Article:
[Tutor] Sys.stdin Question

Steve Willoughby steve at alchemy.com
Wed Jan 14 03:10:38 CET 2009

On Tue, January 13, 2009 17:59, Damon Timm wrote:
> ... then, I guess, I can just have it do an if statement that asks: if
> args[0] == "-" then ... blah.  I may do that ... the script, itself,

Look at the fileinput module.  If you're looking at the command line for a
list of filenames, which may include "-" to mean (read stdin at this point
in the list of files), your script's logic is reduced to simply:

while line in fileinput.input():
  # process the line

and your script focuses on its specific task.

>> or not.  So instead of seeing if anything's showing up (and introducing
>> timing dependencies and uncertainty), see if it's attached to a real
>> terminal at all.  On Unix, os.isatty(sys.stdin) will tell you this.
> Does this concern still apply with John's suggestion?  I just tested
> it in my little application and didn't have an issue ... of course, I

Yes, it does.  And in a trivial case, it will usually work.  But don't
base your solutions on something that looks like it sorta works most of
the time but isn't really the recommended practice, because it will break
later and you'll spend a lot of time figuring out why it's not being

> I can go to using the "-" option ... although, to be honest, I like
> the idea of the script thinking for itself ... that is: if there is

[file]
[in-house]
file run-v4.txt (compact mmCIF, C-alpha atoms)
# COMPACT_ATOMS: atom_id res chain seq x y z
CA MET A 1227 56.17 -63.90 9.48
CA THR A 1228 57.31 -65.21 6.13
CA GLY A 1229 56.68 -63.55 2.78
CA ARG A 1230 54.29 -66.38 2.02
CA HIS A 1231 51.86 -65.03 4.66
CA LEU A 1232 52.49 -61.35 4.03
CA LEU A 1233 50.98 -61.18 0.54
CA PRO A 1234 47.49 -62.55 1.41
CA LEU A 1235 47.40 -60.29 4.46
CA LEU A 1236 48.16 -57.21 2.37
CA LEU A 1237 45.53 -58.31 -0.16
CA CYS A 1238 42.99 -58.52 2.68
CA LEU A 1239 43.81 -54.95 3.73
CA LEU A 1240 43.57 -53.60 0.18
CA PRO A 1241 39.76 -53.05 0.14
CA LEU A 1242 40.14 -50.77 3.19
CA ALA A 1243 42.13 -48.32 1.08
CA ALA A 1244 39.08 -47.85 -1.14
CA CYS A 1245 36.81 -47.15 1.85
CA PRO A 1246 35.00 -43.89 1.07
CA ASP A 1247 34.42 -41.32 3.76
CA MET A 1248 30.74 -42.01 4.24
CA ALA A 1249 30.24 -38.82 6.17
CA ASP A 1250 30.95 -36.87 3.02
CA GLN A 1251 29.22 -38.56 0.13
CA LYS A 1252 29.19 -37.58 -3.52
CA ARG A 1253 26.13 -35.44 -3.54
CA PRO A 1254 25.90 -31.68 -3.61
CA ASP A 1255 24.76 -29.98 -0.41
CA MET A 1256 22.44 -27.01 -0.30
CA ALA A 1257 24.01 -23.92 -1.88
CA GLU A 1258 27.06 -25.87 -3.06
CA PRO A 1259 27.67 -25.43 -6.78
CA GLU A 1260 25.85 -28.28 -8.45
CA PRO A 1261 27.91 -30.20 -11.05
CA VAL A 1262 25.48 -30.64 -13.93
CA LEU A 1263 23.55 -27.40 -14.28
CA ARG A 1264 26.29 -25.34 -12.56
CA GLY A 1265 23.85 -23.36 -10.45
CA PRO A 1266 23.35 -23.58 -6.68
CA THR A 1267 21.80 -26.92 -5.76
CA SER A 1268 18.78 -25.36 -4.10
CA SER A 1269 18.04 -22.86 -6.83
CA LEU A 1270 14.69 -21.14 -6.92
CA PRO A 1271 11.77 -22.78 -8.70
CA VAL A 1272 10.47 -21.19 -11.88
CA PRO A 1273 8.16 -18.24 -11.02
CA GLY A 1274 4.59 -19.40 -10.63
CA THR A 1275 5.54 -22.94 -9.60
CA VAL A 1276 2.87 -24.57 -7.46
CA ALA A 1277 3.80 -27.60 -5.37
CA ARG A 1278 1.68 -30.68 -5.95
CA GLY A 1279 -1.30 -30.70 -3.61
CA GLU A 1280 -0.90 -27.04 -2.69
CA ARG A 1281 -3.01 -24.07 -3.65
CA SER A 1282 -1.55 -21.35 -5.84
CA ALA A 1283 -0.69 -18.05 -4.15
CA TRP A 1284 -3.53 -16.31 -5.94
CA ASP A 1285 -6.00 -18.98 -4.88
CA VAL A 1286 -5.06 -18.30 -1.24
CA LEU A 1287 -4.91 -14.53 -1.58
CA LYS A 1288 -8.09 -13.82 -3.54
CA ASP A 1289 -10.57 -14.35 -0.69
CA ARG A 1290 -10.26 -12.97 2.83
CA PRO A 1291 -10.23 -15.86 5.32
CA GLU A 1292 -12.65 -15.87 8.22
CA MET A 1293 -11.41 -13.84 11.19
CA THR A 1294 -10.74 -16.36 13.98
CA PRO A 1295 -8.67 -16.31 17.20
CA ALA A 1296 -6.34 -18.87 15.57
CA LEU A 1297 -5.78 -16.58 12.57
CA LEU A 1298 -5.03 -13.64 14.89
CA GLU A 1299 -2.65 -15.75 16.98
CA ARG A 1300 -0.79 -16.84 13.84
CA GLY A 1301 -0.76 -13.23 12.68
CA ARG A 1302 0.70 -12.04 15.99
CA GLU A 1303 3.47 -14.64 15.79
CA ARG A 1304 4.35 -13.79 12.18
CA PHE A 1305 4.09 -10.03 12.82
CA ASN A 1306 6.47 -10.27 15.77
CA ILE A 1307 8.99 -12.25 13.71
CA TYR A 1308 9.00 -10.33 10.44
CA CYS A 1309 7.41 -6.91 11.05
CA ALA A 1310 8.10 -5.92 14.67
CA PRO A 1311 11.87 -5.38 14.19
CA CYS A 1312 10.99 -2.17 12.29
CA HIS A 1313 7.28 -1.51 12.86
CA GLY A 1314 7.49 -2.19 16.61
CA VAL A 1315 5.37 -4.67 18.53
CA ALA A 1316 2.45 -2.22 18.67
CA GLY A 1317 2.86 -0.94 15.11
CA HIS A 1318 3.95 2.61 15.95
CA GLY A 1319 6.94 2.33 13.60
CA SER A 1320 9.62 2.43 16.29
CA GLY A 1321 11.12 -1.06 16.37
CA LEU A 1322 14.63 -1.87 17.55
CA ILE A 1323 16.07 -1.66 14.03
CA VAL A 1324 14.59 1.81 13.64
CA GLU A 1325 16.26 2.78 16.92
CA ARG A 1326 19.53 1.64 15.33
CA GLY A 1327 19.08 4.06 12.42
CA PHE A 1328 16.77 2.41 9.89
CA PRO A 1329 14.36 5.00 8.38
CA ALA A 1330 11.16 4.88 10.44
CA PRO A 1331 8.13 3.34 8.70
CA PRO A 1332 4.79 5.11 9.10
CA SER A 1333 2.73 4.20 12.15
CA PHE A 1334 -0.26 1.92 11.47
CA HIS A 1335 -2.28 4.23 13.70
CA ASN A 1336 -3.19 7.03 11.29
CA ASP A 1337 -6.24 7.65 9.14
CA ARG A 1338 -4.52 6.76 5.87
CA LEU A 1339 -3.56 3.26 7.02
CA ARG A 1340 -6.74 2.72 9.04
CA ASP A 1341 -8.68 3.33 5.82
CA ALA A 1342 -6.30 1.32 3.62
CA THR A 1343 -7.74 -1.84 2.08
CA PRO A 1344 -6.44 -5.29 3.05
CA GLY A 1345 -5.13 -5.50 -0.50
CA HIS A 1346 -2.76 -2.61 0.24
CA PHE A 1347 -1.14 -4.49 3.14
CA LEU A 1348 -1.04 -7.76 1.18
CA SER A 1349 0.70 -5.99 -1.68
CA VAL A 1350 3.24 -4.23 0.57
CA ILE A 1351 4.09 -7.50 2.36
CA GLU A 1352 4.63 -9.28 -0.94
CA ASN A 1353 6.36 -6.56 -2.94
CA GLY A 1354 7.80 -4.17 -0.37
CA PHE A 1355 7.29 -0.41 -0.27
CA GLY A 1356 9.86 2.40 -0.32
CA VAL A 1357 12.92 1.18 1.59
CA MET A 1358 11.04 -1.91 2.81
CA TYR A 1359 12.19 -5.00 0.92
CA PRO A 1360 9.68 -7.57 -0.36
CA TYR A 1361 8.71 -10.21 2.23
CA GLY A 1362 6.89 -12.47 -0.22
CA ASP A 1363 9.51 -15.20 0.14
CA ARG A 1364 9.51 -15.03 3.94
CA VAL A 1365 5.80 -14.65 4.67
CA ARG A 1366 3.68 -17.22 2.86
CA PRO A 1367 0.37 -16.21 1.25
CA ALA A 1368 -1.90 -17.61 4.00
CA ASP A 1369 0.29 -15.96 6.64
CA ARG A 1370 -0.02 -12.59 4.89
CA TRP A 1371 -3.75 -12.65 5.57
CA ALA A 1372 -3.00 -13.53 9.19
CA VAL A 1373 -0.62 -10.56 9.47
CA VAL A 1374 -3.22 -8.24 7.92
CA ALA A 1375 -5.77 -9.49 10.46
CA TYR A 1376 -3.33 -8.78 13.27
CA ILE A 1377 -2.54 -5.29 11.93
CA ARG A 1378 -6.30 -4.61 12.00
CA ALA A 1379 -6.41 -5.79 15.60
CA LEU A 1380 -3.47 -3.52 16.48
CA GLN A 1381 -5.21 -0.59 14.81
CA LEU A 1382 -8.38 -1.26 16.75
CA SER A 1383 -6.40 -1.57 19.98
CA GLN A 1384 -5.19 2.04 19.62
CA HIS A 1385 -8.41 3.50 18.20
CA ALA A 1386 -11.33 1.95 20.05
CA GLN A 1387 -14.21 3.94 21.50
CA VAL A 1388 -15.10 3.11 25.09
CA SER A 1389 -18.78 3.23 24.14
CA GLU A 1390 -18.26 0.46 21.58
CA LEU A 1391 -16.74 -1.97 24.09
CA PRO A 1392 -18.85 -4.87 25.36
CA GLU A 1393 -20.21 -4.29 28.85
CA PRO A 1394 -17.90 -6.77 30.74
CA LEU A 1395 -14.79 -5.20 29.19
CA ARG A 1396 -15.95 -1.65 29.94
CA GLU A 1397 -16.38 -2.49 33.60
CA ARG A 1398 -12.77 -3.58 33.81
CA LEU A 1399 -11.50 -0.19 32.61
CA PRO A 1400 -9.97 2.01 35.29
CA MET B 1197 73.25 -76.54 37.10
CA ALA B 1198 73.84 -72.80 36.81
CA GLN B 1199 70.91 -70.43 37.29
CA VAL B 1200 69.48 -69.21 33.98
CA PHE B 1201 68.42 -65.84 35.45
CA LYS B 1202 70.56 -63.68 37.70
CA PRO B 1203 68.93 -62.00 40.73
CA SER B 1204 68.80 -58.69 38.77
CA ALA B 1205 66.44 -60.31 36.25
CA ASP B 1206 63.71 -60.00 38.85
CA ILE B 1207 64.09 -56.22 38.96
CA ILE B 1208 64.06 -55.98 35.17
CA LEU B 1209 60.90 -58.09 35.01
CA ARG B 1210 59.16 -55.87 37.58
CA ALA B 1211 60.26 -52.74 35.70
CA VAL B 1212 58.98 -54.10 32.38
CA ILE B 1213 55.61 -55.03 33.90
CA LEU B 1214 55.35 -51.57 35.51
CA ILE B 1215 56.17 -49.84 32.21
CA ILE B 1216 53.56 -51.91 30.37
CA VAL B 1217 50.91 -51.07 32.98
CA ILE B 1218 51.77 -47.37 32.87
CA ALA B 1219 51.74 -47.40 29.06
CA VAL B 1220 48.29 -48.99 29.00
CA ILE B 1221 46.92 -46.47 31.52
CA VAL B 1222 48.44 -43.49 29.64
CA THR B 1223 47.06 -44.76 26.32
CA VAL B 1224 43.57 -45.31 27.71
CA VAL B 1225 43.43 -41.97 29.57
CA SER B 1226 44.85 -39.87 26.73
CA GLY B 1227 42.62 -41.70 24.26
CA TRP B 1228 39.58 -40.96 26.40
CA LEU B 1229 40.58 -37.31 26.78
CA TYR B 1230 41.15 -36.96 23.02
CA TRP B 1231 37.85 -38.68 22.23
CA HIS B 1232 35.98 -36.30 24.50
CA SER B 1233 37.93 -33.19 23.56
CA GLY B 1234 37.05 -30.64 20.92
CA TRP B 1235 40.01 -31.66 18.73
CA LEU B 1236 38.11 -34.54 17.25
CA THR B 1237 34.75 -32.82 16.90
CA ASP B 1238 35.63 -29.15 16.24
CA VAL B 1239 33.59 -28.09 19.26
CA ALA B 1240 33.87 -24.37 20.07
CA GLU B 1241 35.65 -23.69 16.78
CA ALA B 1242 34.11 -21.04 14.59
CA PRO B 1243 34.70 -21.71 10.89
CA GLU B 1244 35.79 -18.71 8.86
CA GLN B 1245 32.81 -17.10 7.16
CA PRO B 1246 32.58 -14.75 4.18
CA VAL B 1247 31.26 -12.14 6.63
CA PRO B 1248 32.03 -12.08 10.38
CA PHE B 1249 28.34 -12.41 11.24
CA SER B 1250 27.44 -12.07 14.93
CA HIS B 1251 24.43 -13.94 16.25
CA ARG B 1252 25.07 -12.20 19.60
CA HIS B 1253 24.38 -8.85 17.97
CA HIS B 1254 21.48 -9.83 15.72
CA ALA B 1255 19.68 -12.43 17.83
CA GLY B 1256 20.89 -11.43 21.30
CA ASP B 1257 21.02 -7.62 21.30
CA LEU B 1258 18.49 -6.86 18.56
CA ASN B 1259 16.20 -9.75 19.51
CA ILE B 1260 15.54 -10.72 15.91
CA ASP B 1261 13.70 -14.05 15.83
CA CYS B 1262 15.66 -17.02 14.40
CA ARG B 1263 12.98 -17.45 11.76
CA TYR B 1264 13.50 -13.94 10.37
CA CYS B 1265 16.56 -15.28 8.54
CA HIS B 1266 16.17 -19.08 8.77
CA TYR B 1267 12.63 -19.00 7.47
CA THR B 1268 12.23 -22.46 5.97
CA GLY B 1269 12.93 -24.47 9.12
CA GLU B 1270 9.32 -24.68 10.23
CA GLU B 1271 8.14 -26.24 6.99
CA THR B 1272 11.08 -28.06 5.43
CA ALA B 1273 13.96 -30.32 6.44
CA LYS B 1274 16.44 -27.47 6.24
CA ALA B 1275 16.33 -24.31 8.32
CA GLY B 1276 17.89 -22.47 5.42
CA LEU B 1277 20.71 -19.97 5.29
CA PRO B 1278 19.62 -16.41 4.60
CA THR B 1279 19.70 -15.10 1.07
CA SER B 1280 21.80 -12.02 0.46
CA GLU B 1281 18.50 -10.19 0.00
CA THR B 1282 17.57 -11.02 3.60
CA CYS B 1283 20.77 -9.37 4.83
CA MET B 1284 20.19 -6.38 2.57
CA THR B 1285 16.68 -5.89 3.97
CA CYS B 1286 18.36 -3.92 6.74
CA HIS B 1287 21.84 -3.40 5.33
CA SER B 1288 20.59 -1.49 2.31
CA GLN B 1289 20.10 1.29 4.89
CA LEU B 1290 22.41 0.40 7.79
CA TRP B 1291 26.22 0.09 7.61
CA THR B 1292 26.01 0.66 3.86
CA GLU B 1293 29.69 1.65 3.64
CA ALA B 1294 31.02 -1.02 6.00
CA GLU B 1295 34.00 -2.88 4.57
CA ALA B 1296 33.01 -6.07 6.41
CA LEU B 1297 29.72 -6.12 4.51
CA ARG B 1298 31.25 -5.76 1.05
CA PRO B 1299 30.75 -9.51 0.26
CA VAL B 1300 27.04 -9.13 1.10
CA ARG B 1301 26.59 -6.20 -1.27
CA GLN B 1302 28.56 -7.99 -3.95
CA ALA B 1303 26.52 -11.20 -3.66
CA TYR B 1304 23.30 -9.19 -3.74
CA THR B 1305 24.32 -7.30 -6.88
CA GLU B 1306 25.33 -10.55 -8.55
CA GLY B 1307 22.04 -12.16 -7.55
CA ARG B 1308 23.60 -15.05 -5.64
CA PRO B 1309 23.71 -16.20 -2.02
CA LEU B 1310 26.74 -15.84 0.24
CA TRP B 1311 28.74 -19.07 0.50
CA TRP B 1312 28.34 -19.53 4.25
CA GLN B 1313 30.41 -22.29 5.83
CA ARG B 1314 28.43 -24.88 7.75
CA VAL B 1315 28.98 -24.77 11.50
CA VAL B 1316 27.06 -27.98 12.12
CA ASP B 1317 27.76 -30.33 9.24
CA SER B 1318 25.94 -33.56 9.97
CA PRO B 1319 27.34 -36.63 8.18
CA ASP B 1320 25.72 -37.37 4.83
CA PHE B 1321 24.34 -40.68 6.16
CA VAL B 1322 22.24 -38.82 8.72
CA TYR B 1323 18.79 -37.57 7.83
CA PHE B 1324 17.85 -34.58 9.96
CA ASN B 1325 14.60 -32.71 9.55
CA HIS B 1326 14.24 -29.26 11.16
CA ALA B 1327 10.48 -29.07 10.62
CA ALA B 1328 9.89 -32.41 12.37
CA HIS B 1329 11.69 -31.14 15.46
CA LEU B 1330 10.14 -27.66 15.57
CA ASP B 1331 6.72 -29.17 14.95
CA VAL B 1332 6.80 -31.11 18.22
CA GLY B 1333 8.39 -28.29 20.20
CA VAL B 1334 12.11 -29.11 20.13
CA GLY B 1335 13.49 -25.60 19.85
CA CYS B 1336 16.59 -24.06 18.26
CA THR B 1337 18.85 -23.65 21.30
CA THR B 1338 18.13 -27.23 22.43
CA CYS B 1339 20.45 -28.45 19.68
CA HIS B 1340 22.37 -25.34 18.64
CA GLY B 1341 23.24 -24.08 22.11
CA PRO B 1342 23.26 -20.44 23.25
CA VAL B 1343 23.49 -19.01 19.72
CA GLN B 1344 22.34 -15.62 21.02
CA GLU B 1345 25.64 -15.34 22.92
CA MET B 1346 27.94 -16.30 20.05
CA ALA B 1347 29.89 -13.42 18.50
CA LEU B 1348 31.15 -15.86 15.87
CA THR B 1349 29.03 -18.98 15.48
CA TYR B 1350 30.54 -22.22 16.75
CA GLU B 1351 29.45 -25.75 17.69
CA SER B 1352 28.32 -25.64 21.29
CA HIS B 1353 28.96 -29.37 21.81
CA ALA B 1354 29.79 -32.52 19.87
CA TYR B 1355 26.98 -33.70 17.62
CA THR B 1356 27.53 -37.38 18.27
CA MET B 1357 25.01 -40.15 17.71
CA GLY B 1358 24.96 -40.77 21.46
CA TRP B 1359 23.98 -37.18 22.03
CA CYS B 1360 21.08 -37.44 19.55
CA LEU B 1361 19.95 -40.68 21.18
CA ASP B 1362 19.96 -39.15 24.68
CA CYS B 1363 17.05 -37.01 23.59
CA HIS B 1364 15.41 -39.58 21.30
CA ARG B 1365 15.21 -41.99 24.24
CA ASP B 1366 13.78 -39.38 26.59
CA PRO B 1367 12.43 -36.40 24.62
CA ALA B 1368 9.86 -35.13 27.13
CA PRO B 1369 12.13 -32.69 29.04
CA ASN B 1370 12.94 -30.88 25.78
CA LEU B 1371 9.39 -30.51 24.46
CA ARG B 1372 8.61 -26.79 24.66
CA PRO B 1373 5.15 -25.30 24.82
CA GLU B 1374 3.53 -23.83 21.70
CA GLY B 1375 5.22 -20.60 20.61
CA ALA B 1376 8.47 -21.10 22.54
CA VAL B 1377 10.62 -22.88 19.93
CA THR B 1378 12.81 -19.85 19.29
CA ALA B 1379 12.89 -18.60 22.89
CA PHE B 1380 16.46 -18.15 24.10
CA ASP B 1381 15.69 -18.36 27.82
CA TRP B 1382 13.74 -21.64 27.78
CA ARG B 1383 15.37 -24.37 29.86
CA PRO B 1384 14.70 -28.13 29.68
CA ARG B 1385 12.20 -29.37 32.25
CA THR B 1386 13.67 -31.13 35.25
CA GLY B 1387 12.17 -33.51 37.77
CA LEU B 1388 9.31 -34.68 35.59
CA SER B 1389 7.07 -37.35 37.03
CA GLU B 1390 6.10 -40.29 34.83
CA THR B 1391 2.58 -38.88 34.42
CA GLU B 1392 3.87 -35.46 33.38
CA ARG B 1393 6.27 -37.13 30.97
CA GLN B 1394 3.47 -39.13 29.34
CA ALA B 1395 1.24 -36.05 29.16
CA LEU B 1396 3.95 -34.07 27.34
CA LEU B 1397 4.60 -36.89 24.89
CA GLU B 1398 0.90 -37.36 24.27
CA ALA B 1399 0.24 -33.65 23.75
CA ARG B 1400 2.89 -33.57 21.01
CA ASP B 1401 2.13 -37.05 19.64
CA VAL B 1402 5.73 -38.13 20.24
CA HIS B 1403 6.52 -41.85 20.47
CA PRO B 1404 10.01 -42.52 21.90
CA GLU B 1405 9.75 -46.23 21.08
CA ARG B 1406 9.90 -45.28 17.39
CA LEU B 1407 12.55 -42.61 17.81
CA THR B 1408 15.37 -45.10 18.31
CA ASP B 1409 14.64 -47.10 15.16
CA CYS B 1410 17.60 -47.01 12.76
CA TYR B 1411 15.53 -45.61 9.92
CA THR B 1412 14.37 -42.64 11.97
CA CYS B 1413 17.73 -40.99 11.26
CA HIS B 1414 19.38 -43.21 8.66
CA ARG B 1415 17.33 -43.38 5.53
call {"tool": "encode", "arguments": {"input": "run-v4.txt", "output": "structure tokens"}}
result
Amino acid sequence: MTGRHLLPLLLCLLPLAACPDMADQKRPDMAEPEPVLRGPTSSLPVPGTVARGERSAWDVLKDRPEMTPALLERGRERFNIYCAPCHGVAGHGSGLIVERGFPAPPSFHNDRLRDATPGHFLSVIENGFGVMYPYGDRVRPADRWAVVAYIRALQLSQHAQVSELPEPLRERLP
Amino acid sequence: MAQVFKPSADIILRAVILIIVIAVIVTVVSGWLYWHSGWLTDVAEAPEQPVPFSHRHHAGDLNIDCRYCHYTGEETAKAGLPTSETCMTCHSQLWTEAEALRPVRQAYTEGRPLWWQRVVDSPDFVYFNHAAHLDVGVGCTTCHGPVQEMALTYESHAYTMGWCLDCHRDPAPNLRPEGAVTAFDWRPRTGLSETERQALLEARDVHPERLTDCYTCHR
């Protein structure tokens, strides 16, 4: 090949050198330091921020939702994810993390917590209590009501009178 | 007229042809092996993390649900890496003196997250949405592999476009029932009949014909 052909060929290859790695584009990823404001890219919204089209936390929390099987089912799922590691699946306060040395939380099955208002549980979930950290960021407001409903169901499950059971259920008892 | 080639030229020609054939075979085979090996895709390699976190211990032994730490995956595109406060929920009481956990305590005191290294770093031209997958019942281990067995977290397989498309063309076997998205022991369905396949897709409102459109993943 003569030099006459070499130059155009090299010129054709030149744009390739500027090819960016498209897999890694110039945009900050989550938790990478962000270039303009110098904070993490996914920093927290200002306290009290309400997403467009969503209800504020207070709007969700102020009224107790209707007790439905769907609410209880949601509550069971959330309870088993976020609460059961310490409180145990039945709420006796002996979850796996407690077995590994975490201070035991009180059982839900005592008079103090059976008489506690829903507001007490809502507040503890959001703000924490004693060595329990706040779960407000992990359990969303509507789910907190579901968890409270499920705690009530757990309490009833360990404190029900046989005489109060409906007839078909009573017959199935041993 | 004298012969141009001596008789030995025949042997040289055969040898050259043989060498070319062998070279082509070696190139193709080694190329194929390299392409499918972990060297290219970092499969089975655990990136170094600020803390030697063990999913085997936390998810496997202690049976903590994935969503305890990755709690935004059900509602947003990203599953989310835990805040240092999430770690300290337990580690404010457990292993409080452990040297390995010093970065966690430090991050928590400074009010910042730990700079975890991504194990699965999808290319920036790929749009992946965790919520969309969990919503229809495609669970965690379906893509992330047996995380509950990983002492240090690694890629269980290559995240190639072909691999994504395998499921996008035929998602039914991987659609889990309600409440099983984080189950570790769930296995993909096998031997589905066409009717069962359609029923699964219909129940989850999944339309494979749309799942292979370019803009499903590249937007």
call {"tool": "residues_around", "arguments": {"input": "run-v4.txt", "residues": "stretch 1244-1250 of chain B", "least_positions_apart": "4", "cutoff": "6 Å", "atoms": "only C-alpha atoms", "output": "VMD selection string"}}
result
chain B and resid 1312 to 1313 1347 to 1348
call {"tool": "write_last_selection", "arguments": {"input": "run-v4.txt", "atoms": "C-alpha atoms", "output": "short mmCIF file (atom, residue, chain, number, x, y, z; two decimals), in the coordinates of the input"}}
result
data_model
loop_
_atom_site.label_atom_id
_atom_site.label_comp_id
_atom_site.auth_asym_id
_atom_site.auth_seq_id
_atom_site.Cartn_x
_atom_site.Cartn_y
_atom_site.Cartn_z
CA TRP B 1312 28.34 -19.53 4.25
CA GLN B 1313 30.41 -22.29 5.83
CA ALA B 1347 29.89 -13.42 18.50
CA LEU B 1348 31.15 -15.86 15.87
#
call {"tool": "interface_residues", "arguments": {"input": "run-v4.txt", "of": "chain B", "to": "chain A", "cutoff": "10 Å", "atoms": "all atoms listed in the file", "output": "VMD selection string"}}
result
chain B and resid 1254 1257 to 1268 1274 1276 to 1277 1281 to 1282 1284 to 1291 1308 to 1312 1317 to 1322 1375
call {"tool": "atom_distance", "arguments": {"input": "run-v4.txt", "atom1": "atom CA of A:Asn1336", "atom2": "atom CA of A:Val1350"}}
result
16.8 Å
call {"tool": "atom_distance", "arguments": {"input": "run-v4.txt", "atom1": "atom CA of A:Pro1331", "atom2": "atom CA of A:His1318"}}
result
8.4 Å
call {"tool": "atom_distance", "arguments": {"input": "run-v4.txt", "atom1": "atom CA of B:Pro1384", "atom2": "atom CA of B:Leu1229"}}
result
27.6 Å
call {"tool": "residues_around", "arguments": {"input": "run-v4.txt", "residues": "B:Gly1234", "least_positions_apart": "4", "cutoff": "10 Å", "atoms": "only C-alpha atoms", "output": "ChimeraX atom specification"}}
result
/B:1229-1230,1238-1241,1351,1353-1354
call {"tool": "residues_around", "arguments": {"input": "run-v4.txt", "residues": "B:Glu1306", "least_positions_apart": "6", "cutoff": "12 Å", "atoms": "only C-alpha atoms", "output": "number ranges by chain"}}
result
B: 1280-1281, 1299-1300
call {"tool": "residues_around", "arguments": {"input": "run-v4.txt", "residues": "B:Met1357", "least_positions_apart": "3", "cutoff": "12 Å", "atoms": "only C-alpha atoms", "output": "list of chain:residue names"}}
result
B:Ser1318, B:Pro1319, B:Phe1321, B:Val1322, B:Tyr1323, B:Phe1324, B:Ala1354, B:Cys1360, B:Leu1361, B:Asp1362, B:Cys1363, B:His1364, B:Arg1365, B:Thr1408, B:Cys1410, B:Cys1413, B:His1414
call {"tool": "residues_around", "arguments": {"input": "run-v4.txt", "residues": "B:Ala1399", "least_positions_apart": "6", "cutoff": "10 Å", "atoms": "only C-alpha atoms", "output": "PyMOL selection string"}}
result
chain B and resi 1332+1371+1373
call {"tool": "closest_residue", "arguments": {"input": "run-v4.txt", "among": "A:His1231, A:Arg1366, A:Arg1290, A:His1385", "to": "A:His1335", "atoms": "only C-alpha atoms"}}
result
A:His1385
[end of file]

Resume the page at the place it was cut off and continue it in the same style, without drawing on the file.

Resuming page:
> stdin, use it -- if not, not ... and, I was thinking of attaching the
> stdin as a text file, if present.  And not attaching anything, if not.

As the Zen of Python states, "explicit is better than implicit."

Scripts which just magically "do the right thing" can be cool to play
with, but they have a nasty tendency to guess wrong about what the right
thing might be.  In this case, you're making assumptions about how to
*guess* whether there's standard input piped at your script, and running
with those assumptions... but there are easily identified cases where
those assumptions don't hold true.

Also, think of anyone other than you (or you at a later date) using this
script.  The number of things the script does for no apparent reason can
lead to frustration and doubt that you really know, as a user, what the
script is really going to try to do in a given situation, and what you'll
have to do on your end to "trick" it into doing what you really wanted in
the first place.  It's cute, but ultimately implicit behavior doesn't make
for good, long-lasting solid applications.

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